California Rebate Program Out Of Money. Again. Kinda.
For what seems like the umpteenth time, the California Clean Vehicle Rebate program is out of money. Kinda.
Less three months ago the program was overhauled to “cap for higher-income consumers, and increased rebate levels for low- and moderate-income consumers” (details). The CVRP rebate for all-electric cars maxes out at $4,000, while plug-in hybrid rebates are capped at $3,000 (fuel cell vehicles at $6,500).
It’s a shame that when those new low and moderate income customers went to file for those rebates from June the 10th, they found the dreaded “out of cash sign” on website’s front page (see above) – all thanks to some political shenanigans (more on that later).
And that payment stop-sign is despite the fact that the money is already present, ear-marked and allocated to keep those rebates issued through September of 2017 (at least some ~$230 million worth).
Regardless, effective for everyone who submitted a rebate application after June 10th, 2016, they will be put on a wait list for a cheque to arrive sometime in the future…should the program be refunded. Which it will.
This time the wait for the re-funding however may take a bit longer (or it might not), as the hold-up seems to be centered around political wrangling from the Governor over the state’s climate change programs of all things.
The office is now holding the money up to…wait for it now…get the California green house gas reduction/cap and trade program extended and funded into the future.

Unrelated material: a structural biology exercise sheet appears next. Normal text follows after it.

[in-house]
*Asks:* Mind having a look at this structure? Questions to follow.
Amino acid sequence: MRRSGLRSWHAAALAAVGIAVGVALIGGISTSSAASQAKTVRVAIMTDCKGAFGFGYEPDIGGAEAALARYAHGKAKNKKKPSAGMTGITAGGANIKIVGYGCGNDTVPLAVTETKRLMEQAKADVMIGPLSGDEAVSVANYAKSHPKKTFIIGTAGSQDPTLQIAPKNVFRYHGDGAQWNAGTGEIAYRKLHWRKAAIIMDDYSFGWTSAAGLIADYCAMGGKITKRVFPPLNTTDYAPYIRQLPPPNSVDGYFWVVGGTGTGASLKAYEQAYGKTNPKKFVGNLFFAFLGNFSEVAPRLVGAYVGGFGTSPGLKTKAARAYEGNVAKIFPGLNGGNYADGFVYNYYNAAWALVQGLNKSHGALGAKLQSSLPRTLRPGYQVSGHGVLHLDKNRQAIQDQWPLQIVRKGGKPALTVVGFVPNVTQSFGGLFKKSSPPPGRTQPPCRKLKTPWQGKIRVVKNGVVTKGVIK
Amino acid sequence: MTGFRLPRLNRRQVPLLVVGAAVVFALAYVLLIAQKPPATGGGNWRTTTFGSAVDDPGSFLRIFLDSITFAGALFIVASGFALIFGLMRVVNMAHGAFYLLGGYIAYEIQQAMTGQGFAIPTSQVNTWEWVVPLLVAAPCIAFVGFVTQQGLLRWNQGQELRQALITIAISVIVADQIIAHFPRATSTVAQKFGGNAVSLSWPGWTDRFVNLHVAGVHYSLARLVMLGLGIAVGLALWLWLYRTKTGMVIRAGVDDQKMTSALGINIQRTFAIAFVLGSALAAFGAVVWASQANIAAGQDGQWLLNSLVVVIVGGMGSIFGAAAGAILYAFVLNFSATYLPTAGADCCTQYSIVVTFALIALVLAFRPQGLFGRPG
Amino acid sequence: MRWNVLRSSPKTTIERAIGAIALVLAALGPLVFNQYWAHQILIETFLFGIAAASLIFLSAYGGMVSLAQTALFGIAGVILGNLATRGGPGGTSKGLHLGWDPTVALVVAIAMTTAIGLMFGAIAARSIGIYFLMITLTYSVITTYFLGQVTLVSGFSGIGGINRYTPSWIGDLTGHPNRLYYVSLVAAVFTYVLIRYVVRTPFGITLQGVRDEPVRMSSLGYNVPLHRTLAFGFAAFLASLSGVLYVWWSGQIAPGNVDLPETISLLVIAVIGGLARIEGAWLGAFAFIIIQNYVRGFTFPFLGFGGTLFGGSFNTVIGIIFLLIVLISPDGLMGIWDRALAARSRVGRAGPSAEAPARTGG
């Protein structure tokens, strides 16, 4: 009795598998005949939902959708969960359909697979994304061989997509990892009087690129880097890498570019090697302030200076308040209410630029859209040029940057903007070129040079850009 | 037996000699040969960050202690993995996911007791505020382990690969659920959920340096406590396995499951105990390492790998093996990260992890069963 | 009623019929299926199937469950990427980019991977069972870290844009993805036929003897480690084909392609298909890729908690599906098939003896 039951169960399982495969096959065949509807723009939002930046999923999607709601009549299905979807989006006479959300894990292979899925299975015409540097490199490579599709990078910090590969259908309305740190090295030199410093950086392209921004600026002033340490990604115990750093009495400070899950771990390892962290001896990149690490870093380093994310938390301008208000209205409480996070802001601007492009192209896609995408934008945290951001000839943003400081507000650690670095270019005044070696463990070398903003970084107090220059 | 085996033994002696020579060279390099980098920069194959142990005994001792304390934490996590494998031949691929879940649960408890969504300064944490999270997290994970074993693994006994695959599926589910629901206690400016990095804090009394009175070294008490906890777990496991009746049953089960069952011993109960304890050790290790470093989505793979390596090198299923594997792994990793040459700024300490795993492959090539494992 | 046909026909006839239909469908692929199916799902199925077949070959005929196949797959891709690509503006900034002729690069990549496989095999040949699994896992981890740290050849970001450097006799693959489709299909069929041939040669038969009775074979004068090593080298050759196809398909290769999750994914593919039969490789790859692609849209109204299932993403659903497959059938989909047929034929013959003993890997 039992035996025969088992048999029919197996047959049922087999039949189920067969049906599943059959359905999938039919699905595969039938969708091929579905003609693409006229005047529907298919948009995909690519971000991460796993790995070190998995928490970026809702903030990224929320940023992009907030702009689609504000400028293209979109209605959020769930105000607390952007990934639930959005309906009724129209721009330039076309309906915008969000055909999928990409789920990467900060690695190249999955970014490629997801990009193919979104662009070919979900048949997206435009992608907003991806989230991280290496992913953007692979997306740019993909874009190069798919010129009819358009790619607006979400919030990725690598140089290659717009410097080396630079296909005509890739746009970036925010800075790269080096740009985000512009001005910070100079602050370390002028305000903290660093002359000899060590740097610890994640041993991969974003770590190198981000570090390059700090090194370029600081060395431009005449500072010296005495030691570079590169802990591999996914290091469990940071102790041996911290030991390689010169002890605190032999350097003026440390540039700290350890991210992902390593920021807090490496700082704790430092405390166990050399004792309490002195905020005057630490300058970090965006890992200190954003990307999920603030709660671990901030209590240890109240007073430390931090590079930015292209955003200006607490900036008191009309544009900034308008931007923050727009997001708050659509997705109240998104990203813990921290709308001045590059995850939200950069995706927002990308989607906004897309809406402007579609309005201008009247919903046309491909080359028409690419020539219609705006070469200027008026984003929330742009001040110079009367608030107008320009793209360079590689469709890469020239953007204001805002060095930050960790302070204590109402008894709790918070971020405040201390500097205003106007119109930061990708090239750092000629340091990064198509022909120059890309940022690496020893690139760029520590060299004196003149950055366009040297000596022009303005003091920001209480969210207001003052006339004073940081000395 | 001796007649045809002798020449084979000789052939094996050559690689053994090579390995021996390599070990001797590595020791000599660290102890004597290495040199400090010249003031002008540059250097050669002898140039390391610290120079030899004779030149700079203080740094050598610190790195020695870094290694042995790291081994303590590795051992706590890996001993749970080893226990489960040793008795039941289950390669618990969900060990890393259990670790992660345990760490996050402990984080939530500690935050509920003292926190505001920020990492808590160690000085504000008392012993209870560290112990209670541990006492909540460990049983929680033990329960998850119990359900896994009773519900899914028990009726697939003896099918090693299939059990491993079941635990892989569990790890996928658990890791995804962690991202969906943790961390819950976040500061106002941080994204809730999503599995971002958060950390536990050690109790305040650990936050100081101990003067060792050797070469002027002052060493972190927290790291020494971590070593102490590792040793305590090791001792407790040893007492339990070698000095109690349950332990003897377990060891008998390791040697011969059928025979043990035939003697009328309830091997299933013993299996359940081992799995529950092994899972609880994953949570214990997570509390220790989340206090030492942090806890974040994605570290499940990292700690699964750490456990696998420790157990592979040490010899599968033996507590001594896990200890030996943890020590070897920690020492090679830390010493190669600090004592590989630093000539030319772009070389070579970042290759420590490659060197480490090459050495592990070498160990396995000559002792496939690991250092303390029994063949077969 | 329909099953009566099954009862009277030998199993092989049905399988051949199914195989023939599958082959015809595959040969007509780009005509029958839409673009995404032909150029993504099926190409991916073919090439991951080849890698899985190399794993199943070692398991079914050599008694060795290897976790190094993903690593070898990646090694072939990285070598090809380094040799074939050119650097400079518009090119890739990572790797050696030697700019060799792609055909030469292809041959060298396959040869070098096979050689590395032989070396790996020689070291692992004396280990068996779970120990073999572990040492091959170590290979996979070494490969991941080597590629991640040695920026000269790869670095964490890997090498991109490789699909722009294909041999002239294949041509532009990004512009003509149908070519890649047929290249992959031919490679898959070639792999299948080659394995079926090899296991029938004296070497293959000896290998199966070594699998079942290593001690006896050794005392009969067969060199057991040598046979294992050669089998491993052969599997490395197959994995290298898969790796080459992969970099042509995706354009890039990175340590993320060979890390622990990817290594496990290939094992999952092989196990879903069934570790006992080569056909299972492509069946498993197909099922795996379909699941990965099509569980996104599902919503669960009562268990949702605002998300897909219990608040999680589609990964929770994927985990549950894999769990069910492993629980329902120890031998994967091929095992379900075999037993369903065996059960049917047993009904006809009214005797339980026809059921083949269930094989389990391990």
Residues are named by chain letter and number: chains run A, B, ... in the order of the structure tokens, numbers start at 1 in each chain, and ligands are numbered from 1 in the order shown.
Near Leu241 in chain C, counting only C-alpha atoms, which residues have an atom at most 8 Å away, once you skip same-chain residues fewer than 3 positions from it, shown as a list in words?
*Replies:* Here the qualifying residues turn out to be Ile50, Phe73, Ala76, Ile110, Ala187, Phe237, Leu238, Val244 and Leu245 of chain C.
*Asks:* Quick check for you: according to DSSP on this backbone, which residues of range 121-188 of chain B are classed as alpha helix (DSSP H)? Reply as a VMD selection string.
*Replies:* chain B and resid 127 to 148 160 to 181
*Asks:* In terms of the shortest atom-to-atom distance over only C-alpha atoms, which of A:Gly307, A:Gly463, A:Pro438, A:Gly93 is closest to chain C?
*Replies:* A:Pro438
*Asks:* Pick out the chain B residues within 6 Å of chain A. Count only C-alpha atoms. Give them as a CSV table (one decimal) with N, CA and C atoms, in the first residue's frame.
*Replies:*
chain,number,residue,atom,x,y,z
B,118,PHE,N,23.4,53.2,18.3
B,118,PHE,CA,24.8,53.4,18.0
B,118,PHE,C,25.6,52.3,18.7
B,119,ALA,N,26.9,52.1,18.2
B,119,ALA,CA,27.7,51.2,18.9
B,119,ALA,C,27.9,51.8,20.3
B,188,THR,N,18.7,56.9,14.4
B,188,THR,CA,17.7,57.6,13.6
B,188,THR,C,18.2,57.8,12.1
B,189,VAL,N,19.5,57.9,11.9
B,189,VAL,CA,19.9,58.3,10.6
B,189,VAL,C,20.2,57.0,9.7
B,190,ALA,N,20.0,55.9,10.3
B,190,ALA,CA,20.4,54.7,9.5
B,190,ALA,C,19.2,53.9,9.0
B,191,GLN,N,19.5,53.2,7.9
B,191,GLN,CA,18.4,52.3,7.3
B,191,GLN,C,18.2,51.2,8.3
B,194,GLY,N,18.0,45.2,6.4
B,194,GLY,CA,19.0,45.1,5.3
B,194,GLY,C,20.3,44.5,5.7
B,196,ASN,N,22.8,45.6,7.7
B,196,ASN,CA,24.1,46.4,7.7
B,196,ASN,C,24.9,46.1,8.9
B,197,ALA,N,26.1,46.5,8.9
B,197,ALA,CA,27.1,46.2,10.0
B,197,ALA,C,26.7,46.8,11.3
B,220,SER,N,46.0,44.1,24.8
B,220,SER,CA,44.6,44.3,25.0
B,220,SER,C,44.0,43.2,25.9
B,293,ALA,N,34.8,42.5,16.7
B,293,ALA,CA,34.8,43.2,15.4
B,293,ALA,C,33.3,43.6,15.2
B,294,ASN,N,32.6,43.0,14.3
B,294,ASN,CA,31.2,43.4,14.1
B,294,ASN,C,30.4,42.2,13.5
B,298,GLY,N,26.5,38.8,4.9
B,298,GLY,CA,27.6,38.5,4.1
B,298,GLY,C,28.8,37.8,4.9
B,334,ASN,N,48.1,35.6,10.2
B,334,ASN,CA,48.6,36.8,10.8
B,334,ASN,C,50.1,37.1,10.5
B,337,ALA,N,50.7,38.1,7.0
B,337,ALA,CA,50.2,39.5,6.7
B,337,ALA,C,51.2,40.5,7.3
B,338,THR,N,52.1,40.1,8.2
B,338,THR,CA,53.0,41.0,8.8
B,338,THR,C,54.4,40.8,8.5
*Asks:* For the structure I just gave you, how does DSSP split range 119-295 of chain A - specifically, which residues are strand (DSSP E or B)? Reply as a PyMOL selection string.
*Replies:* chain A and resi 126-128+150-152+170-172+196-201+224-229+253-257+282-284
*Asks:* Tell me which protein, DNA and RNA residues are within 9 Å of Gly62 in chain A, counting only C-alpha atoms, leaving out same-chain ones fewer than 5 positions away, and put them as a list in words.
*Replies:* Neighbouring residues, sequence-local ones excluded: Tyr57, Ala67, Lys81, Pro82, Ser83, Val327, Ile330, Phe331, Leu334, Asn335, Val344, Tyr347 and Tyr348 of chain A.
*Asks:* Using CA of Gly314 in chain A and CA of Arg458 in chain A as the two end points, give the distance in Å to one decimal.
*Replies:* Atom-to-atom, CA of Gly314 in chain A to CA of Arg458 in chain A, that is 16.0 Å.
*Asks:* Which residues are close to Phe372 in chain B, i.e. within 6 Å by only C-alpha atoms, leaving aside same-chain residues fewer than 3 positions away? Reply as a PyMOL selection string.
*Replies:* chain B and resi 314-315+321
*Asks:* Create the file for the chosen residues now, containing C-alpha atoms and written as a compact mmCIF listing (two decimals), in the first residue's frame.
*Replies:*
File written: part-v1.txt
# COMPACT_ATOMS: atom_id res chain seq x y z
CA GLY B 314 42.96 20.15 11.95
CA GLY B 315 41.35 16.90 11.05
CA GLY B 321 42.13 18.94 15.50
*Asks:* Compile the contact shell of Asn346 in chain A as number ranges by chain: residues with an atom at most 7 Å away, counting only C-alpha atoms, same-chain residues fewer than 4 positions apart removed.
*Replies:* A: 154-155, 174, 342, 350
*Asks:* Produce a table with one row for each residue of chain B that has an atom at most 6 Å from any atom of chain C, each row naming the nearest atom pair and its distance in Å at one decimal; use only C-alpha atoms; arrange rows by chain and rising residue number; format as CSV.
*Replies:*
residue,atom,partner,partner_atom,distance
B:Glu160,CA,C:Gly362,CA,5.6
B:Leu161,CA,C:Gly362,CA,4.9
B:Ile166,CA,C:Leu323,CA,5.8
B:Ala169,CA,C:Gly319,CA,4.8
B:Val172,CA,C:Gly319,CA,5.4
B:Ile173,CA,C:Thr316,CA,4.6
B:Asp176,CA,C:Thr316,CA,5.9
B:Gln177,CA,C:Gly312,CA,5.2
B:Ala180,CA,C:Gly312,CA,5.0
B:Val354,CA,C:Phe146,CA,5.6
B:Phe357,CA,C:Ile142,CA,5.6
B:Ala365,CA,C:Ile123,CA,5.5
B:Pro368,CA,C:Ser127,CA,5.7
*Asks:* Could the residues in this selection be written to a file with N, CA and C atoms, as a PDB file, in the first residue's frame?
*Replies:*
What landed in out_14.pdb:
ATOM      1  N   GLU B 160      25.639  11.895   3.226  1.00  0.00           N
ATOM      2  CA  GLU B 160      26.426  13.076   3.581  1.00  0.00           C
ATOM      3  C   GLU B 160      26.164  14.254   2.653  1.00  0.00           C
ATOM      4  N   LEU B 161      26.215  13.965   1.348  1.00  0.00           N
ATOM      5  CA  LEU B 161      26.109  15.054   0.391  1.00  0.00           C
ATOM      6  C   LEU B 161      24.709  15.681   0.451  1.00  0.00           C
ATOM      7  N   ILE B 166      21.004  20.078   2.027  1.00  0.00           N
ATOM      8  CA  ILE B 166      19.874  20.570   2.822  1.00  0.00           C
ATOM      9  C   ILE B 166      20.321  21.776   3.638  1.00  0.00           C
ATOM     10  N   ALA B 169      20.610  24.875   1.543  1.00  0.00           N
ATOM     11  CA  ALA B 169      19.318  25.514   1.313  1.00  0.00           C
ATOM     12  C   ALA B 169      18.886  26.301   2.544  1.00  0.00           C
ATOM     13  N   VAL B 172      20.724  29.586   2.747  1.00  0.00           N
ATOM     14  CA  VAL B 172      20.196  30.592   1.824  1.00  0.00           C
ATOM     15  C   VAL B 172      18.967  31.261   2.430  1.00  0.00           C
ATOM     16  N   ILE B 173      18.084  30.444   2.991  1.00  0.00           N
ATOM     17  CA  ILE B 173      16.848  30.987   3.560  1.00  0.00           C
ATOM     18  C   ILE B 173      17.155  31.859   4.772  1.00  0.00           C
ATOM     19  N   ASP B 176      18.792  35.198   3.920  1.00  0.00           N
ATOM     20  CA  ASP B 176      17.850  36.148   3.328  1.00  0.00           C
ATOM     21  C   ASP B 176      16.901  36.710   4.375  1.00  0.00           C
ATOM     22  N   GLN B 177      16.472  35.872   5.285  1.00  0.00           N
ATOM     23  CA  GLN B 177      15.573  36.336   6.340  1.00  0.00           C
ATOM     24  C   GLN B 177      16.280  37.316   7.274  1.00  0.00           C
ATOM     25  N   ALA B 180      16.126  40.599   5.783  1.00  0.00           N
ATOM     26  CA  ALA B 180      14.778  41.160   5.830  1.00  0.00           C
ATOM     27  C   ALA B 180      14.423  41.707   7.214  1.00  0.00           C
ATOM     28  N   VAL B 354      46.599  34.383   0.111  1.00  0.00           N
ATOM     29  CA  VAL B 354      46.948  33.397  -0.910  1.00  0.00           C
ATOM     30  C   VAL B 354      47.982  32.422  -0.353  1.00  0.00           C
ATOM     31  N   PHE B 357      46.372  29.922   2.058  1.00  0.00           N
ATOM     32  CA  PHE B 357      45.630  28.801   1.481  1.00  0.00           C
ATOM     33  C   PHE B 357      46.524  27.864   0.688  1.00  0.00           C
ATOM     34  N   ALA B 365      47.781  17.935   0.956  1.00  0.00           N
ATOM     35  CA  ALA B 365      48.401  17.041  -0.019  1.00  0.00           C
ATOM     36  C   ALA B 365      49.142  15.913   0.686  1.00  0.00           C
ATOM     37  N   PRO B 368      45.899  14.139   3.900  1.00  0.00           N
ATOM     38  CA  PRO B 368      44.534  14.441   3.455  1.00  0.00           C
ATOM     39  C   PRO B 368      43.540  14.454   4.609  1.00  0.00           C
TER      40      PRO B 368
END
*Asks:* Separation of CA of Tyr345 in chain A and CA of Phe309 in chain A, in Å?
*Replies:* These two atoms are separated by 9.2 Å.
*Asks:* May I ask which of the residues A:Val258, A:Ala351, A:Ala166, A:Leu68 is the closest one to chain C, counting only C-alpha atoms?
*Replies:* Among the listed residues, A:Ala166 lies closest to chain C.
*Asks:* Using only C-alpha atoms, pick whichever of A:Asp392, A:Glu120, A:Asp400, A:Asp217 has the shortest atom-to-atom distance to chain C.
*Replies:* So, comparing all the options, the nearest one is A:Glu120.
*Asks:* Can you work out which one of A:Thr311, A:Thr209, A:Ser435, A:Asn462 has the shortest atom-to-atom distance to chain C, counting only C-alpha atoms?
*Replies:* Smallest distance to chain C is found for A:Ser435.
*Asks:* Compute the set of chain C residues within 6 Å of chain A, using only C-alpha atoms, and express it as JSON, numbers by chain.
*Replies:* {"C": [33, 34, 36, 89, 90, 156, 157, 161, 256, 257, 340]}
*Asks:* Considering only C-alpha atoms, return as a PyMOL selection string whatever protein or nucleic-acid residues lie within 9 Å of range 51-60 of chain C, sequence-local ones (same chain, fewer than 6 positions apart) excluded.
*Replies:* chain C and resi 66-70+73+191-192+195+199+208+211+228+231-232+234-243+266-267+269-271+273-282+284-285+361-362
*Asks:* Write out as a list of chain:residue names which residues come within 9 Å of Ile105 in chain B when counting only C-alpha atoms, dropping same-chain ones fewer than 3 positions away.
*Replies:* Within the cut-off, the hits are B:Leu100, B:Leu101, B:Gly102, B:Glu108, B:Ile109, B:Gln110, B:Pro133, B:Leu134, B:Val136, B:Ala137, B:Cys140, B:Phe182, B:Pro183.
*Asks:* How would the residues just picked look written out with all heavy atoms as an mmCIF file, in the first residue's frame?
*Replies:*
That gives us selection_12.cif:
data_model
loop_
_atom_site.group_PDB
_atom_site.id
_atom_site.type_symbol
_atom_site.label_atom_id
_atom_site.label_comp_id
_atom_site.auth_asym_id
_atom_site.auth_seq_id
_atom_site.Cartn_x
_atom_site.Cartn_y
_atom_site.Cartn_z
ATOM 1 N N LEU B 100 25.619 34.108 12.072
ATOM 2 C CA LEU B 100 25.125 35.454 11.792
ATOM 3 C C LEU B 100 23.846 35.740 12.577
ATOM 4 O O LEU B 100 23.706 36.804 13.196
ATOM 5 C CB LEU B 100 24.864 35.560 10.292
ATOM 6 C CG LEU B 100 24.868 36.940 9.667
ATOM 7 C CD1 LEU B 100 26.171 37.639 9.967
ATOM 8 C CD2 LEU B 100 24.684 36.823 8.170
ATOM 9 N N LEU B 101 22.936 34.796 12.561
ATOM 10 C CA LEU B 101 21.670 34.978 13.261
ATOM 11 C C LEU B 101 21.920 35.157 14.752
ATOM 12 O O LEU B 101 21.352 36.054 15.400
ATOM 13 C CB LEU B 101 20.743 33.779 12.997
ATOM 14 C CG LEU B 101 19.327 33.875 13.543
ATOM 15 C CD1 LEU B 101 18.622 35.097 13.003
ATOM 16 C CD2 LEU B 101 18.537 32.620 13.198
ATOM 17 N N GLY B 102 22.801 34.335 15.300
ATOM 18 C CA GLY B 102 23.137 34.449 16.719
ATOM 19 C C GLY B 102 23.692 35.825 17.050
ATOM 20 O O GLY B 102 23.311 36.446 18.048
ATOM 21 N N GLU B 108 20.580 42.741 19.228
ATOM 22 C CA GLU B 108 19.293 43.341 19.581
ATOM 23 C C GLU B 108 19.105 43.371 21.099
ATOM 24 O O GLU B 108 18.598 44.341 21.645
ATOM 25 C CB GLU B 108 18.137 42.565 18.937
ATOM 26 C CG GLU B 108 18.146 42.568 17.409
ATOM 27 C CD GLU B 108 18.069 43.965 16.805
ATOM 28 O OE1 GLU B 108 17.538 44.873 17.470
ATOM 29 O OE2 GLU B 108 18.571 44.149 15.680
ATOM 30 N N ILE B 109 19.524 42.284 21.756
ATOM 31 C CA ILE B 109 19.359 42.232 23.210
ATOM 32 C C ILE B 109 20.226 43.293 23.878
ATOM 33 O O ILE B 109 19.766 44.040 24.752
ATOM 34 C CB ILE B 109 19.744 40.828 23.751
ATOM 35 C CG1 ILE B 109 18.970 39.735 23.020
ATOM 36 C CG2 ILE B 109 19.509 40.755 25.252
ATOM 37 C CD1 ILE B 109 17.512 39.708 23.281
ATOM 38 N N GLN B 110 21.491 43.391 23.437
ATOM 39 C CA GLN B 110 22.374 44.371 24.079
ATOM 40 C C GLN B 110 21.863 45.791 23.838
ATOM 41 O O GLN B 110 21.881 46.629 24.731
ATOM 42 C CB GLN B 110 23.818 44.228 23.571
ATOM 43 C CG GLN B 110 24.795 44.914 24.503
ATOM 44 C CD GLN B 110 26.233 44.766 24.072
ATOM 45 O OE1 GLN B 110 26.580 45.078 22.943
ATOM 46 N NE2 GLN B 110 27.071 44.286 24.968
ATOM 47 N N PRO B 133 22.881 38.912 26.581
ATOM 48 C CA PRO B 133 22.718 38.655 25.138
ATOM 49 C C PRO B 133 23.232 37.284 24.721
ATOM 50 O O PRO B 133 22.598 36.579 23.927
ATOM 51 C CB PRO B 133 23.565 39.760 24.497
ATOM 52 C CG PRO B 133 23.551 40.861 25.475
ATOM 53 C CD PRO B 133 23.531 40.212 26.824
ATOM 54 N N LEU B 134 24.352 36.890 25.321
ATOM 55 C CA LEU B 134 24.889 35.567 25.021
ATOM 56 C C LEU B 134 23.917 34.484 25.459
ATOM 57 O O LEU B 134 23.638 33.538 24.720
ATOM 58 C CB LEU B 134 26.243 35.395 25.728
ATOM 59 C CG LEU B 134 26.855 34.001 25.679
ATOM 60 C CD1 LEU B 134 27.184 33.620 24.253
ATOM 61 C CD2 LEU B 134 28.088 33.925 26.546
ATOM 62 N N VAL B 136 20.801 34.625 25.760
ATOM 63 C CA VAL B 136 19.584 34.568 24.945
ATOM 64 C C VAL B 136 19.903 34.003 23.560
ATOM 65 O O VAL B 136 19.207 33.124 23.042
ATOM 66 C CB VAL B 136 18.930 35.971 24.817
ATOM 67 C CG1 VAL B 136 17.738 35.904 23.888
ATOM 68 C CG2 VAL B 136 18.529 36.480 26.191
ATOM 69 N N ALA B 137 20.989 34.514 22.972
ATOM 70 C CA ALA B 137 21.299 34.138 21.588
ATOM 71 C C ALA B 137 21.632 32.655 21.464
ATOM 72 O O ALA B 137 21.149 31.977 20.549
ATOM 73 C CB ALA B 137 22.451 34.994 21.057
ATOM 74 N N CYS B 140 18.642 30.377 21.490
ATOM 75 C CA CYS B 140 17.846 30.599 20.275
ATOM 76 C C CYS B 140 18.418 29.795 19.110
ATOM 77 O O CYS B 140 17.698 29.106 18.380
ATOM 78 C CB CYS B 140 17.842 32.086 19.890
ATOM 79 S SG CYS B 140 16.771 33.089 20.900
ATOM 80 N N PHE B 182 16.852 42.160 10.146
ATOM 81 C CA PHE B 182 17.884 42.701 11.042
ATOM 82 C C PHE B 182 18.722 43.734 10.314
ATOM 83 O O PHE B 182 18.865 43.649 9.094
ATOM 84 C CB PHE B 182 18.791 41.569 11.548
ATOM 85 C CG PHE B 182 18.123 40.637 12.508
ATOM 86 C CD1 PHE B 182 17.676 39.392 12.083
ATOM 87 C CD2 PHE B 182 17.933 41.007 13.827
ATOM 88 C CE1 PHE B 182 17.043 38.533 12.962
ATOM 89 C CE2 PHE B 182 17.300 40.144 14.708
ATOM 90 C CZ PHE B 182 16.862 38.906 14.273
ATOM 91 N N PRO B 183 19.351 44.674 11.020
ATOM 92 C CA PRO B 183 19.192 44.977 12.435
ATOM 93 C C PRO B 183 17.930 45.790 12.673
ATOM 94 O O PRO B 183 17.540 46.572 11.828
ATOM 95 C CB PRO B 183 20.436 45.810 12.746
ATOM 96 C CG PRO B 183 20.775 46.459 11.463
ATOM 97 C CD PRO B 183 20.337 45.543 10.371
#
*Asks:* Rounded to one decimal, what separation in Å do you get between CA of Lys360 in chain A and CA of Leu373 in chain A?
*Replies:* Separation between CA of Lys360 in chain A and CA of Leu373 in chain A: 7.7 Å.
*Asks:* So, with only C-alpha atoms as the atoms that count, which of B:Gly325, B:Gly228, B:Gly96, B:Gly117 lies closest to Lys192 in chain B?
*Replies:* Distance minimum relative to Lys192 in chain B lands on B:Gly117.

“Some believe the Governor is holding onto the money as an incentive for lawmakers to reach a deal this summer on extending the life of the cap-and-trade program, which is facing legal questions over whether it can keep operating past 2020” – reports the LA Times
The new current state budget, that is just waiting on Governor Brown’s signature on Wednesday, has no provisions for paying out vehicles subsidies as it has in the past. Instead, the Governor is looking to get the climate change/cap and trade law itself (AB 32, which was enacted in 2006) extended past 2020.
CARB (California Air Resources Board) is naturally thrilled with the political dance stalling the process on its program. The LA Times picked up this quote from Dean Florez (former state senator and CARB member), and also from Bill Magavern, policy director for the Coalition for Clean Air.
“I think it’s ridiculous to play politics with kids’ lungs.”
“With the urgency of the climate crisis, we really shouldn’t delay in investing in projects that reduce emissions.”
Bottom line? Keep buying those plug-in vehicles in California, and keep submitting your rebate applications (here), the money is coming.
LA Times, Hat tip to Mark H!